PETER Mandelson has advised Jeremy Corbyn’s critics within the Labour Party not to press ahead with an attempt to have replaced until the general public have formed a negative opinion of him.
The peer, who was a key Blairite figure, was dismissive of Mr Corbyn describing him as a “loser” but warned internal opponents of the Labour leader that they were “in for a long haul” arguing that nothing could be done to get rid of the left-winger until he had proved himself unpopular with voters.
The former minister and architect of New Labour issued his warning, which also predicted internal strife as the moderates clash with the left, in a private paper circulated to political allies ahead of the party conference in Brighton next week.
While admitting that Mr Corbyn would remain in charge of the party for some time, the paper said that moderates in the party’s grassroots had to be given hope that there was a “way out of our predicament and that Labour does have a future”.
In the paper, Lord Mandelson wrote: “In choosing Corbyn instead of Ed Miliband, the general public now feel we are just putting two fingers up to them, exchanging one loser for an even worse one. We cannot be elected with Corbyn as leader. Nobody will replace him until he demonstrates to the party his unelectability at the polls. In this sense, the public will decide Labour’s future and it would be wrong to try and force this issue from within before the public have moved to a clear verdict.”
Lord Mandelson’s paper gave an insight into the difficult dilemma facing Labour. Mr Corbyn won the leadership contest with an unprecedented mandate boosted by a surge of enthusiasm for his radical politics. Yet there is a recognition both within Blairite Labour and beyond the party that his politics make it extremely unlikely that he can lead Labour to victory in a general election.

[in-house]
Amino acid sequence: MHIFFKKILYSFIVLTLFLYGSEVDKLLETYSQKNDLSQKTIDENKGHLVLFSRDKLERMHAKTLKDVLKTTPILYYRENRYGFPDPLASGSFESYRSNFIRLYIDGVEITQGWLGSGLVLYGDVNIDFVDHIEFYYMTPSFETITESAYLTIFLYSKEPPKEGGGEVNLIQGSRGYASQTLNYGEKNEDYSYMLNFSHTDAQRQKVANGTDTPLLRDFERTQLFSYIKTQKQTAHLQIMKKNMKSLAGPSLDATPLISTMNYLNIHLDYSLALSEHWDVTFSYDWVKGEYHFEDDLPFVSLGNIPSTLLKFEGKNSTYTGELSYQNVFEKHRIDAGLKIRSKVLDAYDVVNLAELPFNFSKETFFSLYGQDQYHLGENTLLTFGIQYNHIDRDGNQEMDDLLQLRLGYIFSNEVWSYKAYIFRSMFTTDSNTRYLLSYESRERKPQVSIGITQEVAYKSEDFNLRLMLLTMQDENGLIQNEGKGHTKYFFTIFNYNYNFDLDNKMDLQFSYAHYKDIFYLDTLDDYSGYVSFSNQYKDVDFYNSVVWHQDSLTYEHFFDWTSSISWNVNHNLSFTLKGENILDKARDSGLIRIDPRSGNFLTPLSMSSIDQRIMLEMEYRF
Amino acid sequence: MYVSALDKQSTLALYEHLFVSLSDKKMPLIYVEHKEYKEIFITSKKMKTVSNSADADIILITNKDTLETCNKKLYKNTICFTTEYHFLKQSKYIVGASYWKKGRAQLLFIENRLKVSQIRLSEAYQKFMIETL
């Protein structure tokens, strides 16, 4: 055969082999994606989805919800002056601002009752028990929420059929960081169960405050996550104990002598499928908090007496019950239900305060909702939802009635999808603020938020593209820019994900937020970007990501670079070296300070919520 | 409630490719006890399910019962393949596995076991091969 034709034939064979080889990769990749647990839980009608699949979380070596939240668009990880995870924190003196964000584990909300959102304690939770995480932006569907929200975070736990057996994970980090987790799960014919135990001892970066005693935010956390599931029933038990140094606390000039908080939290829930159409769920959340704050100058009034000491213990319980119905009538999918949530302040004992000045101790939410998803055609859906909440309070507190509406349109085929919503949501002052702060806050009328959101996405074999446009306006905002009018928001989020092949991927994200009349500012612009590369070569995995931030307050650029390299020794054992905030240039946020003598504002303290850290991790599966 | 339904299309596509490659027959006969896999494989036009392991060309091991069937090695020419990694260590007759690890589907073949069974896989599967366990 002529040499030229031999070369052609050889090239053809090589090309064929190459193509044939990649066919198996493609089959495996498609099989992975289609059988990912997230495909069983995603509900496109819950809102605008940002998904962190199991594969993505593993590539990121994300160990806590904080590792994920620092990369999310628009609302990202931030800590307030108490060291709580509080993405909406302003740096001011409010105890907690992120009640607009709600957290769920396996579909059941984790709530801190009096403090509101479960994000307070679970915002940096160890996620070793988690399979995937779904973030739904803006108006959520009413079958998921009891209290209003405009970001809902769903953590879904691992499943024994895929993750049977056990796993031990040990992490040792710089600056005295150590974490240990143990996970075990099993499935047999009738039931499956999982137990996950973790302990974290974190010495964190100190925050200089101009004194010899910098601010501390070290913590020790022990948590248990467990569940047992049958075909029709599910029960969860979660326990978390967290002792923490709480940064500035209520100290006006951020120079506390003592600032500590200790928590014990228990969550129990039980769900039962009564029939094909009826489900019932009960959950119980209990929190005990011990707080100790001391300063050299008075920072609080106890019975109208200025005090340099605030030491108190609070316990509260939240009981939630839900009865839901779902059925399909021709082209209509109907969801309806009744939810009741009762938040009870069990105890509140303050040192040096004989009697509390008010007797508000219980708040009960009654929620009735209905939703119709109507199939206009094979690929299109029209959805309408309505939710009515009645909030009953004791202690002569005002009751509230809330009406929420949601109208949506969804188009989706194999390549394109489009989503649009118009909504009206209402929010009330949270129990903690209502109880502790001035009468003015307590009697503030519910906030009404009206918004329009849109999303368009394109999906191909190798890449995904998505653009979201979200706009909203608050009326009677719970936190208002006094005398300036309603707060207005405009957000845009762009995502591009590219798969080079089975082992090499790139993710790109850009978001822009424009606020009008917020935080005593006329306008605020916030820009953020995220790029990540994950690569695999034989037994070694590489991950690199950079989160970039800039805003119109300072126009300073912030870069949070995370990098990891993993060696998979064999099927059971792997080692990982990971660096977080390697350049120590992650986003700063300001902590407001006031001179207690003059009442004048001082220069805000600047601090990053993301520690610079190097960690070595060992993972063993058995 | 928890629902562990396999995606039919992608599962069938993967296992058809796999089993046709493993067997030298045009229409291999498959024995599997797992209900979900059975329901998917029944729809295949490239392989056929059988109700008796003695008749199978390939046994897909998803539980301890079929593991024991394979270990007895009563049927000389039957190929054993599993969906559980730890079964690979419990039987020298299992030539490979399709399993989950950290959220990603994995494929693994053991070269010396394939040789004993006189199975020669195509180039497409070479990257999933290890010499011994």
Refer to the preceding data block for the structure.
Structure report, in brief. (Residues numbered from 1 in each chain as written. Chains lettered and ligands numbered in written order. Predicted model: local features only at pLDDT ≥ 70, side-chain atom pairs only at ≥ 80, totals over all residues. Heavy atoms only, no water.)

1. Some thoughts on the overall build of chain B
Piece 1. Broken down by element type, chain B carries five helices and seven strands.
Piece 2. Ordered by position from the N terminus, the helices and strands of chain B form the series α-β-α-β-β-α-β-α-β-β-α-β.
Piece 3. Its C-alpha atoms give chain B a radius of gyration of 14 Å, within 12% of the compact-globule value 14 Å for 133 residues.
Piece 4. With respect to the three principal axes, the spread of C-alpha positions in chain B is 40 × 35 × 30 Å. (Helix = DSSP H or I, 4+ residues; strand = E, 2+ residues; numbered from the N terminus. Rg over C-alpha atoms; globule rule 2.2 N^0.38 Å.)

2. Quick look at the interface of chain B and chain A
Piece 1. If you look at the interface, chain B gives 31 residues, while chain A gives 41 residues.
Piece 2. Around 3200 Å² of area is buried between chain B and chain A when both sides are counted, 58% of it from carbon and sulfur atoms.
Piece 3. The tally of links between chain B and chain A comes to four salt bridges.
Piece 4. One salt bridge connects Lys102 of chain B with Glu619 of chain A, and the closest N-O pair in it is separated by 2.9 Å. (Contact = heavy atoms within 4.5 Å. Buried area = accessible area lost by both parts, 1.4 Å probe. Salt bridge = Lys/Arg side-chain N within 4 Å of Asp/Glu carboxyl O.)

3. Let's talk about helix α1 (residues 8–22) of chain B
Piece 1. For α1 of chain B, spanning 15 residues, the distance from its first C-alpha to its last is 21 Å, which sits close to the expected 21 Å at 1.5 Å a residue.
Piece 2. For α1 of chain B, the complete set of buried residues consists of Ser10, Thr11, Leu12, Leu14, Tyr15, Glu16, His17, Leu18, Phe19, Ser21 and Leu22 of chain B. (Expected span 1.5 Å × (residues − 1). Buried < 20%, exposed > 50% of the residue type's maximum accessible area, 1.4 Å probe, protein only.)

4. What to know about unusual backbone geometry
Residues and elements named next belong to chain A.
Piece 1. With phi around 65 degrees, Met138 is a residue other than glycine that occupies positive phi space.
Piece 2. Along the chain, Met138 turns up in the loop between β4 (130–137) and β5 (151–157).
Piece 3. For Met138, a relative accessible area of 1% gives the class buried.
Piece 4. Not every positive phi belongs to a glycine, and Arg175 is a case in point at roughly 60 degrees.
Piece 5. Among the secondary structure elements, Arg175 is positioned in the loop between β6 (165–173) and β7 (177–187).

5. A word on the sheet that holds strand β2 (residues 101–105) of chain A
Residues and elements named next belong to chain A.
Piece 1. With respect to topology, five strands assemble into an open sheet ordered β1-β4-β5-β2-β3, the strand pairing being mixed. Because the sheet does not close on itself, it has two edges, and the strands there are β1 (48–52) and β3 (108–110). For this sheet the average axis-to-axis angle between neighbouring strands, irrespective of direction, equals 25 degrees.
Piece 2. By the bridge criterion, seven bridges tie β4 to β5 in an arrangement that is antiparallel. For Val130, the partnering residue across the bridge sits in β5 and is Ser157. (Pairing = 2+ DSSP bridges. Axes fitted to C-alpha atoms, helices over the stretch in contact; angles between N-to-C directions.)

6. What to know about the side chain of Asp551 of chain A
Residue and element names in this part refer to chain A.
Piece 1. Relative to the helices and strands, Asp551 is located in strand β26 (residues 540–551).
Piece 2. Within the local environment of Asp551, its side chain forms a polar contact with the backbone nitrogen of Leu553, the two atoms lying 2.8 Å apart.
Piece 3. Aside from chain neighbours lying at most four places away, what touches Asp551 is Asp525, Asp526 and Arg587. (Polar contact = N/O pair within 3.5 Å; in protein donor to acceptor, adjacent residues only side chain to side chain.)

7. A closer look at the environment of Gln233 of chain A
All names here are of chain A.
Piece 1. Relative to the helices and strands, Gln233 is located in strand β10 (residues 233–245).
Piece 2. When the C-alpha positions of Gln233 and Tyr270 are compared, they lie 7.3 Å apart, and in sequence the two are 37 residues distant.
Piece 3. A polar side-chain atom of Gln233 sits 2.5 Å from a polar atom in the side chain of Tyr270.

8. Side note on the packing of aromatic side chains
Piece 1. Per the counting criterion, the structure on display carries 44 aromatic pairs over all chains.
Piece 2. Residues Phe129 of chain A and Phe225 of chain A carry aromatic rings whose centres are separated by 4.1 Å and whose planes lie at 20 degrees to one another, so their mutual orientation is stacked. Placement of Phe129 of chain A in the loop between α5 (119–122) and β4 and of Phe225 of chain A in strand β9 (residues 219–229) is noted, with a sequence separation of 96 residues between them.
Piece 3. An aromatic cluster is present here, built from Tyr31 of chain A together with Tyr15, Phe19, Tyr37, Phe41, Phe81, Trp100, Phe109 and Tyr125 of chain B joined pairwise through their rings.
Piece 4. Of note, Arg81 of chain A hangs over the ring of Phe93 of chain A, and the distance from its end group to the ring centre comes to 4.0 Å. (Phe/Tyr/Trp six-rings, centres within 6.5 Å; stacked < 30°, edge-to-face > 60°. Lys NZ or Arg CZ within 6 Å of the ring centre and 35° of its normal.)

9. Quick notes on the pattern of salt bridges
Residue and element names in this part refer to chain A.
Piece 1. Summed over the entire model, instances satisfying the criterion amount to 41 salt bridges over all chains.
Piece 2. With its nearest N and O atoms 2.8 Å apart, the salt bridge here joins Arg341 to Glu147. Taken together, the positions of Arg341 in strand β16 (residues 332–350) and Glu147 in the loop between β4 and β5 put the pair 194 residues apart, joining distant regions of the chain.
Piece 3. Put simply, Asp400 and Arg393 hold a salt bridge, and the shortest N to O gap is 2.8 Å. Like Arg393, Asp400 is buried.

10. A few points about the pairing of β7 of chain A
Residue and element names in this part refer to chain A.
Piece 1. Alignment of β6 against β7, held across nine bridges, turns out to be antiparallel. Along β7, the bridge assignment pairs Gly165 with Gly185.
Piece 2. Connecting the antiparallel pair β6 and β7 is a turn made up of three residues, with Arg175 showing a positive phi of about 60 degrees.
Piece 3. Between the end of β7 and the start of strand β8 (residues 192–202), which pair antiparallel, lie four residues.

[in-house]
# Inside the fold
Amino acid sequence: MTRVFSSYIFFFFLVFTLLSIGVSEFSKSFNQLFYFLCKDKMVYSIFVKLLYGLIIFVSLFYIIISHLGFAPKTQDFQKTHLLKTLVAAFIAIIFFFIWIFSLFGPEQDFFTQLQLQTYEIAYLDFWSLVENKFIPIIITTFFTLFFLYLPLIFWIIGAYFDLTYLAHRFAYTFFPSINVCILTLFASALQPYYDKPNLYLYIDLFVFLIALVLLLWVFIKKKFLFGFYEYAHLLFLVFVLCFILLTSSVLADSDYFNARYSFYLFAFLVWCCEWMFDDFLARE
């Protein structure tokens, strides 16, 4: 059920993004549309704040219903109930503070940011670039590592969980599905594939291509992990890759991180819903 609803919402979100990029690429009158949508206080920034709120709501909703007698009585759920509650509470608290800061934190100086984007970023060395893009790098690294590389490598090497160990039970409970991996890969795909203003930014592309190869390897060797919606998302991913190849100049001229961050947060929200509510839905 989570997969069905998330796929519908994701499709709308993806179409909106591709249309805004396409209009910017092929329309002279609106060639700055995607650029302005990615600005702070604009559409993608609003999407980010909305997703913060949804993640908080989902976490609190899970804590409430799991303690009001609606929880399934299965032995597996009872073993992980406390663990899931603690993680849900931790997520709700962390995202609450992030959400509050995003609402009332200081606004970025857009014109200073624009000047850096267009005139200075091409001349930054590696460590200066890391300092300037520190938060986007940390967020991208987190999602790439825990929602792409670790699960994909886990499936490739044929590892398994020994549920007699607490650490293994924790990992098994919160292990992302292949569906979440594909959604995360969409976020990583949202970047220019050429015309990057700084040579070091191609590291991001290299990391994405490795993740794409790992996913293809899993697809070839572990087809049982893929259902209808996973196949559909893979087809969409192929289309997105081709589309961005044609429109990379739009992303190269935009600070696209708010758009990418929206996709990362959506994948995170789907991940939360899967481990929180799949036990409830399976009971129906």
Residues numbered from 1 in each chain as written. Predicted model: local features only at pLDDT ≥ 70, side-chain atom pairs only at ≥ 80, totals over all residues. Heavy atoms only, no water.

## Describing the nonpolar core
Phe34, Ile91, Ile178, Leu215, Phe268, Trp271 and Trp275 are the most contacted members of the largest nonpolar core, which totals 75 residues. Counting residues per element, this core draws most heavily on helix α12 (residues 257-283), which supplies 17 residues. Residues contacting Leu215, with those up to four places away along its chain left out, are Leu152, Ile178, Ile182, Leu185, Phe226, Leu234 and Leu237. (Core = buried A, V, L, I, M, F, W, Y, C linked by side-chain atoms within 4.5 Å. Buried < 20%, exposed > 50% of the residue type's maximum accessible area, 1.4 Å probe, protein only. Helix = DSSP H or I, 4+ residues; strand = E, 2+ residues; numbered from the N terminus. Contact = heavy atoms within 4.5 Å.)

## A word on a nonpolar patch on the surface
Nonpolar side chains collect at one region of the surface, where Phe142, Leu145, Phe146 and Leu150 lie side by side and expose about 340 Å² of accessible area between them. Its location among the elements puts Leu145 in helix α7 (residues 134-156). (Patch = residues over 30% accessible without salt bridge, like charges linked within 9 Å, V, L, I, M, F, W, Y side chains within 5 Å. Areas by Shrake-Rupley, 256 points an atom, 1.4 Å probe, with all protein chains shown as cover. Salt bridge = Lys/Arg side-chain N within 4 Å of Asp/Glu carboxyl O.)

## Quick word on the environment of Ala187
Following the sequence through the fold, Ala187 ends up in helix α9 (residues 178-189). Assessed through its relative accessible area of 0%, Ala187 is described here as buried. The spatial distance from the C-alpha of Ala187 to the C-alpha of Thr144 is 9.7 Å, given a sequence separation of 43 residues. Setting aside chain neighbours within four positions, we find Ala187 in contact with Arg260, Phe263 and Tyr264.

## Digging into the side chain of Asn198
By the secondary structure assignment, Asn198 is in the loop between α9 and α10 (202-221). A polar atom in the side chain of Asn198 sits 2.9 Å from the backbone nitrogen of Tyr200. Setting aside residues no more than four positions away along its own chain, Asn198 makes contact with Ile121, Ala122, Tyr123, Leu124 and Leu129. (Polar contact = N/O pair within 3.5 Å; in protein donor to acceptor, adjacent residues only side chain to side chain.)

Lord Mandelson said he feared that the party’s lurch to the left under Mr Corbyn would result in Blairite moderates leaving – a factor that could have a disastrous effect on Labour. Perhaps anticipating a “gang of four” moment that saw creation of the SDP during Labour’s last flirtation with the hard left, Lord Mandelson said he did not think that defecting was the answer.
“We need to acknowledge that those who supported him have invested a lot personally for Corbyn, we are not going to convince them overnight they were wrong and before then they will provide an army to draw on as they become absorbed into constituency parties.
“We are in for a long haul during which the atmosphere in the party will become increasingly acrimonious at branch and constituency levels.”
According to Lord Mandelson’s analysis, there was the will from “mainstream” party members that “we’ll come back when the party gets its act together and is serious again”.
He argued those within the mainstream needed the chance to come together to come together. “Without this, the party in the country will slowly disintegrate as mainstream people withdraw from elected and local council office. We have to give them hope that there is a way out of our predicament and that Labour does have a future.”
He also delivered a withering verdict on the party under Ed Miliband saying that over the last few years “intellectual sterility has left Labour floundering before an electorate that wanted to vote against the Tories but did not feel they were being offered a workable alternative.”
Lord Mandelson previously voiced concerns about Mr Corbyn’s potential impact on the party before the Islington North MP swept to victory after attracting a massive 59.5 per cent of votes.